women in horror


I am a horror nerd, and also a woman. I have loved scary, bloody and spooky stuff pretty much as long as I can remember. Growing up, I never paid much attention to gender representation in my favorite genre, I just loved it because I loved it. I'm in my thirties now, more sensitive to and analytic of the storytelling I see in the world. The past several years, I've found myself more closely examining the movies I'm so fond of, and really digging into what makes them - and me - tick.

Women have always had quite a special place in the horror genre. The damsel in distress, the final girl, the vengeance seeker and more all play pivotal roles in their respective stories. And the female storyteller brings a unique perspective to the genre, which continues to influence male and female characters alike.

And so, I present to you my women in horror favorites. Some feature strong female characters, and some are simply good stories told by women. I could write a novel about some of these films, but I've tried to keep it brief. I encourage you to watch them for yourself and draw your own conclusions.

Move over boys, the girls are taking over.

 

Carrie

Carrie is one of those movies I grew up watching, but somehow never managed to see all of. I always thought it ended after she burned down the prom. When I finally saw the final scenes with her mother, I was amazed at how scary and impactful it was. I grew up in a strong but balanced Christian home, so Carrie's mother always scared the bejesus out of me. Seeing her murdered like the crucified Christ by poor tortured and shellshocked Carrie really hit me on a raw emotional level. 

There are many great female characters in Carrie, and it's impressive that it was written and directed by men. In the 70's no less. I applaud Stephen King for having the guts to write about a teenage girl's first period, and I applaud his wife, Tabby, for digging it out of the garbage when he thought it wasn't good enough. At it's core, Carrie is a coming of age story that effectively tackles how we feel about our bodies, what we do to fit in, and the very real struggle we all go through to embrace who we are meant to be.

Friday the 13th, Part 2

The slasher film is an essential part of the horror genre, and no slasher film would be complete without the final girl. Many interesting characters hold this coveted position, but my favorite will always be Ginny Field from Friday the 13th Part 2. Ginny is smart, resourceful, cute, likeable and most importantly, believable. She's the first to go head to head with Jason, and tells us his story from a sympathetic perspective unlike any other in the franchise. Ginny's final girl serves as an important foundation to the Friday the 13th mythology, and the whole trajectory of the series might have been different if not for her strong, capable lead.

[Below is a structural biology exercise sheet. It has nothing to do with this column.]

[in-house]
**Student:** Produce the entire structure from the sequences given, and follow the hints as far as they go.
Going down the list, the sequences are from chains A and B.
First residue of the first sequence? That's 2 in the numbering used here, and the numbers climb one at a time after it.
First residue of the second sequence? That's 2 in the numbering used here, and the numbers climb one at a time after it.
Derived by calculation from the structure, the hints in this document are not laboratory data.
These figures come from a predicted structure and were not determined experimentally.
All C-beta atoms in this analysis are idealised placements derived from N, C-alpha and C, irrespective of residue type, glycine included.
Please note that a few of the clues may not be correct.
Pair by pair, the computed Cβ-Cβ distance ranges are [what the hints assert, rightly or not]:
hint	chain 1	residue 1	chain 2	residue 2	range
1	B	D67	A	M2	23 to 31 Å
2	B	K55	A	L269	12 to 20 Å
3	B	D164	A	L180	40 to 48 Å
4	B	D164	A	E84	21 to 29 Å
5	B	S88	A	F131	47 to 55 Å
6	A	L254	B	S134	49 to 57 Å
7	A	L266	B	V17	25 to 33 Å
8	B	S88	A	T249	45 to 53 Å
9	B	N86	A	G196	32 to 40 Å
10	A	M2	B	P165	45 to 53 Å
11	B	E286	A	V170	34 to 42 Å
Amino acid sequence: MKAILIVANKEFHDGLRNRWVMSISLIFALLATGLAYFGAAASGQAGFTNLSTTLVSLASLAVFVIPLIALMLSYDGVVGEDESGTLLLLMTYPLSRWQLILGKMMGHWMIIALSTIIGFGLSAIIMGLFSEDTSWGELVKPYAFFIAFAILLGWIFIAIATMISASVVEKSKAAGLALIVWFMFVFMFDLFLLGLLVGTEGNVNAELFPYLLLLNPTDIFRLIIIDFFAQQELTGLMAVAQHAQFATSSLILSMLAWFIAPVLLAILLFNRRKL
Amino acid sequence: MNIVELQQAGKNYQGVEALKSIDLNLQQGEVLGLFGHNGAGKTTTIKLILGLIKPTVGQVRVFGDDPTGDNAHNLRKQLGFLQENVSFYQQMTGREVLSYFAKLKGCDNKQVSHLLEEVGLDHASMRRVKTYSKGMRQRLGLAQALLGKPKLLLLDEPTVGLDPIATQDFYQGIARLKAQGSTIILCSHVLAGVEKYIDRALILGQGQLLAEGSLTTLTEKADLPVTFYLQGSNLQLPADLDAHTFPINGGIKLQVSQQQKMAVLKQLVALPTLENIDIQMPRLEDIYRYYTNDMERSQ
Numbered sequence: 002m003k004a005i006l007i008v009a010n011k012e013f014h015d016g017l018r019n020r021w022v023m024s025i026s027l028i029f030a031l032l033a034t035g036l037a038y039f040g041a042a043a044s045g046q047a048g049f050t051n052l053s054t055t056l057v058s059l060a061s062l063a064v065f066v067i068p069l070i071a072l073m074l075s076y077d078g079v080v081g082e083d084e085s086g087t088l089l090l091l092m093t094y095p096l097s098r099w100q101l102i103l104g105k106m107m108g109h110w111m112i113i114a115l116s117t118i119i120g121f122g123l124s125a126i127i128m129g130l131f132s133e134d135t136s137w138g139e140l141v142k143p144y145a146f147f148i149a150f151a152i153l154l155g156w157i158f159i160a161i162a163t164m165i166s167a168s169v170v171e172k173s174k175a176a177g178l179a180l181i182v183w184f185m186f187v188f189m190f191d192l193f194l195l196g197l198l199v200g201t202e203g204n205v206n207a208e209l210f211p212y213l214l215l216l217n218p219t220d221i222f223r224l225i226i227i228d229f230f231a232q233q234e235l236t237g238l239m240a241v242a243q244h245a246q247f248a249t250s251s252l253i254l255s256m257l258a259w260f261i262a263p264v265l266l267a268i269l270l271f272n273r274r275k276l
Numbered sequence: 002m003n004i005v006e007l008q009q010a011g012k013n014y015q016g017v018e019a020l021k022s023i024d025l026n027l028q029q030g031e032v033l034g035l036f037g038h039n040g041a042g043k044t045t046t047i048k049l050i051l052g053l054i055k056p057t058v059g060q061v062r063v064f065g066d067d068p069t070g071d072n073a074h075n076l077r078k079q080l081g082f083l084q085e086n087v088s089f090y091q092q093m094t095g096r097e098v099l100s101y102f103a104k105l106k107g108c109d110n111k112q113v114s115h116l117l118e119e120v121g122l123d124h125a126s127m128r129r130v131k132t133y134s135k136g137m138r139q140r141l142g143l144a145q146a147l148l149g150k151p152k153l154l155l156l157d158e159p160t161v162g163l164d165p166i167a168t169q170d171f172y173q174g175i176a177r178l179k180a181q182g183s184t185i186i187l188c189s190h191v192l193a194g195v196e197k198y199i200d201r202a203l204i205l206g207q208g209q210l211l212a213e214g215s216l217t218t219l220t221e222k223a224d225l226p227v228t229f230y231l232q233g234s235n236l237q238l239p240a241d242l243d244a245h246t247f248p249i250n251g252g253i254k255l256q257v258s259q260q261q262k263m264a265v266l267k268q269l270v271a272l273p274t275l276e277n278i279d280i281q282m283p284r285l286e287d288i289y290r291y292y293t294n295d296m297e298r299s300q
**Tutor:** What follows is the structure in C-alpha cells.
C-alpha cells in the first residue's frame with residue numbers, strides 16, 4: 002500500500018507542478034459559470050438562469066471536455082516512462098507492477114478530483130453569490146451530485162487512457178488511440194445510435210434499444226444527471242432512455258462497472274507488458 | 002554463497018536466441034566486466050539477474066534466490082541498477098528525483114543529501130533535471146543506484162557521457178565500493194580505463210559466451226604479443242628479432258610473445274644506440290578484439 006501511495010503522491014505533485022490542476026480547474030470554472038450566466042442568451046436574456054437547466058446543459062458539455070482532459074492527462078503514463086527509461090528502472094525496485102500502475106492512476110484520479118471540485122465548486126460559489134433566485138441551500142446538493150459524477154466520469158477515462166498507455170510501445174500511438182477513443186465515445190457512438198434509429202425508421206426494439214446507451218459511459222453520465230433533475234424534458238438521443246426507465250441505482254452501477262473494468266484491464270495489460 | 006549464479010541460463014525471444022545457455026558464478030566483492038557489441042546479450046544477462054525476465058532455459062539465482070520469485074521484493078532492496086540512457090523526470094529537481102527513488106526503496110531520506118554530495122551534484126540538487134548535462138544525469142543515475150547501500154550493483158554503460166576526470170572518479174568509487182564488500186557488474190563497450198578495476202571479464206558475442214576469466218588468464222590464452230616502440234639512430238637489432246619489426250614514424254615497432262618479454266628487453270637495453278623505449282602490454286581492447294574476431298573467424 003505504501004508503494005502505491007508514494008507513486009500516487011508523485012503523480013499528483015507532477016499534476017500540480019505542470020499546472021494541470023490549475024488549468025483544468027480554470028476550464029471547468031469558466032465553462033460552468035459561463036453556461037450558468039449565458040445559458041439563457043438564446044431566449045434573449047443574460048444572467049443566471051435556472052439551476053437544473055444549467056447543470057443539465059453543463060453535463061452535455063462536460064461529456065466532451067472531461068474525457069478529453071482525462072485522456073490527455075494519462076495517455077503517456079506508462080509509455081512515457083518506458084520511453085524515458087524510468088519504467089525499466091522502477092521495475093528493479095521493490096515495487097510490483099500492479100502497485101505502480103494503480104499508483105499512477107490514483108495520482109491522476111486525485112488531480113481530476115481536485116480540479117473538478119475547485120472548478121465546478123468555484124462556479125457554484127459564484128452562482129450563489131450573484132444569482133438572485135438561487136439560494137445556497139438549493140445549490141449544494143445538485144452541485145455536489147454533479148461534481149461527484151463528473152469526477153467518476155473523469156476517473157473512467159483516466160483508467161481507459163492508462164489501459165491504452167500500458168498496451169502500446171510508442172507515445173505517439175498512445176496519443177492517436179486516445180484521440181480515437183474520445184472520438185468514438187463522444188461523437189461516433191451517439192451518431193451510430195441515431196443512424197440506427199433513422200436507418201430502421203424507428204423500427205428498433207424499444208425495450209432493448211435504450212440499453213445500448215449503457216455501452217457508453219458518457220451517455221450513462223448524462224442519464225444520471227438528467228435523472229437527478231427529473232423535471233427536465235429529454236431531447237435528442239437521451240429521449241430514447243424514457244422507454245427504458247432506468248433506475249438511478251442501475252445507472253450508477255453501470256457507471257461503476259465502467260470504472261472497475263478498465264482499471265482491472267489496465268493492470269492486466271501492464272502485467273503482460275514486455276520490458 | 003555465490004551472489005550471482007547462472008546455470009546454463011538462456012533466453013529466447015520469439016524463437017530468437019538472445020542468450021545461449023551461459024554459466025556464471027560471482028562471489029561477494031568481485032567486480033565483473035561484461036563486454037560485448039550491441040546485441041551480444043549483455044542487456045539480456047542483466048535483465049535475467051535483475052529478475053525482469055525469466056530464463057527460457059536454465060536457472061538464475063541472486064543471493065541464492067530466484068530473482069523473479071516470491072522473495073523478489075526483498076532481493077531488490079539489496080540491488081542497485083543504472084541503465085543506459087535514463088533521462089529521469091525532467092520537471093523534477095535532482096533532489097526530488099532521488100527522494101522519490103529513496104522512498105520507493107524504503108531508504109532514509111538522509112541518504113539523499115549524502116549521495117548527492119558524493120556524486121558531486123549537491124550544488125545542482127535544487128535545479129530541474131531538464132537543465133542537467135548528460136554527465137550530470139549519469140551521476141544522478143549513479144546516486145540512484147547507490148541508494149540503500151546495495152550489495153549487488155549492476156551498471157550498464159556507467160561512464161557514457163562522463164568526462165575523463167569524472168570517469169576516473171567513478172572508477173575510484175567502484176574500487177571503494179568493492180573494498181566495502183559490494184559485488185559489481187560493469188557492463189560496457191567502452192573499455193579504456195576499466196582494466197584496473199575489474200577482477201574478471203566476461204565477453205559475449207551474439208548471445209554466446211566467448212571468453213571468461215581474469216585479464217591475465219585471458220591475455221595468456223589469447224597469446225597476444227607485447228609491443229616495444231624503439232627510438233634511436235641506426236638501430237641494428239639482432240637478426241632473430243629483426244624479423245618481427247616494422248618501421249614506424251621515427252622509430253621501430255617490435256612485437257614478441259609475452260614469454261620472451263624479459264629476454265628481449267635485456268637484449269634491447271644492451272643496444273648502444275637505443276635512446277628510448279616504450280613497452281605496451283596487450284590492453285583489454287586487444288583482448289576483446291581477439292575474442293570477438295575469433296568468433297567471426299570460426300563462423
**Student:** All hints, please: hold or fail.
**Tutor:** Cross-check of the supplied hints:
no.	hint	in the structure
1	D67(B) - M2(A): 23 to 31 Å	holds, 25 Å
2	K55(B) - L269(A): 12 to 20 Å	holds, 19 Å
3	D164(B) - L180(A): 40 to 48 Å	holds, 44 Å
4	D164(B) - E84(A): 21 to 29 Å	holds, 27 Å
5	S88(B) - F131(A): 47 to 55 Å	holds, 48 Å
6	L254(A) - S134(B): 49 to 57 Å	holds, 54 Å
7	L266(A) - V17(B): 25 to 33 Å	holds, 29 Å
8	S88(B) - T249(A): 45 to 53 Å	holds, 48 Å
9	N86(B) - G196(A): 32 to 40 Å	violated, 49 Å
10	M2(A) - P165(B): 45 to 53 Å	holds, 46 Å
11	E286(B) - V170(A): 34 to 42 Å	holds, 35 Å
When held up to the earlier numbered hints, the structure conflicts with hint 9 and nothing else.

If you haven't seen it, maybe don't watch this clip. It's a little spoilery.

Pet Sematary

It's hard for me to find adequate words to describe how I feel about Pet Sematary. It terrified me as a child, and continues to be one of my favorite horror films as an adult. There is something perfect about the tone of this movie - some combination of the atmosphere and the story that truly unnerves the audience. Of course it has it's flaws, but somehow they just don't matter too much in the grand scheme of things. 

Pet Sematary was directed by Mary Lambert, who also directed the Like a Prayer video for Madonna. Of course I had no idea that it was directed by a woman when I was kid. But when I learned about Mary's direction as an adult, it was icing on the cake for me. One of my favorites was created by a fellow female horror nerd (who was also born in Arkansas). It's no wonder I love it so much.

After a lifetime of viewings, I feel like I'm just starting to find the deeper meaning in Pet Sematary. Sure, it has a lot to say about death, loss and grief. But at it's core, it's cautionary tale about the dark and forbidden places that exist inside each of us. Some barriers weren't meant to be crossed. Once you dig up those skeletons, ghosts and monsters are sure to follow.

Ginger Snaps

I've been aware of Ginger Snaps for years, but I only recently saw it for the first time. It's a shame that I didn't discover it earlier, because I completely identify with how unapologetically weird the Fitzgerald sisters are. In a world of cute, shiny, popular girls, they aren't afraid to embrace and express their fascination with the darkness. It's a fun and honest film about being a teenager, being a female, and coming to terms with your own body (and your own monsters).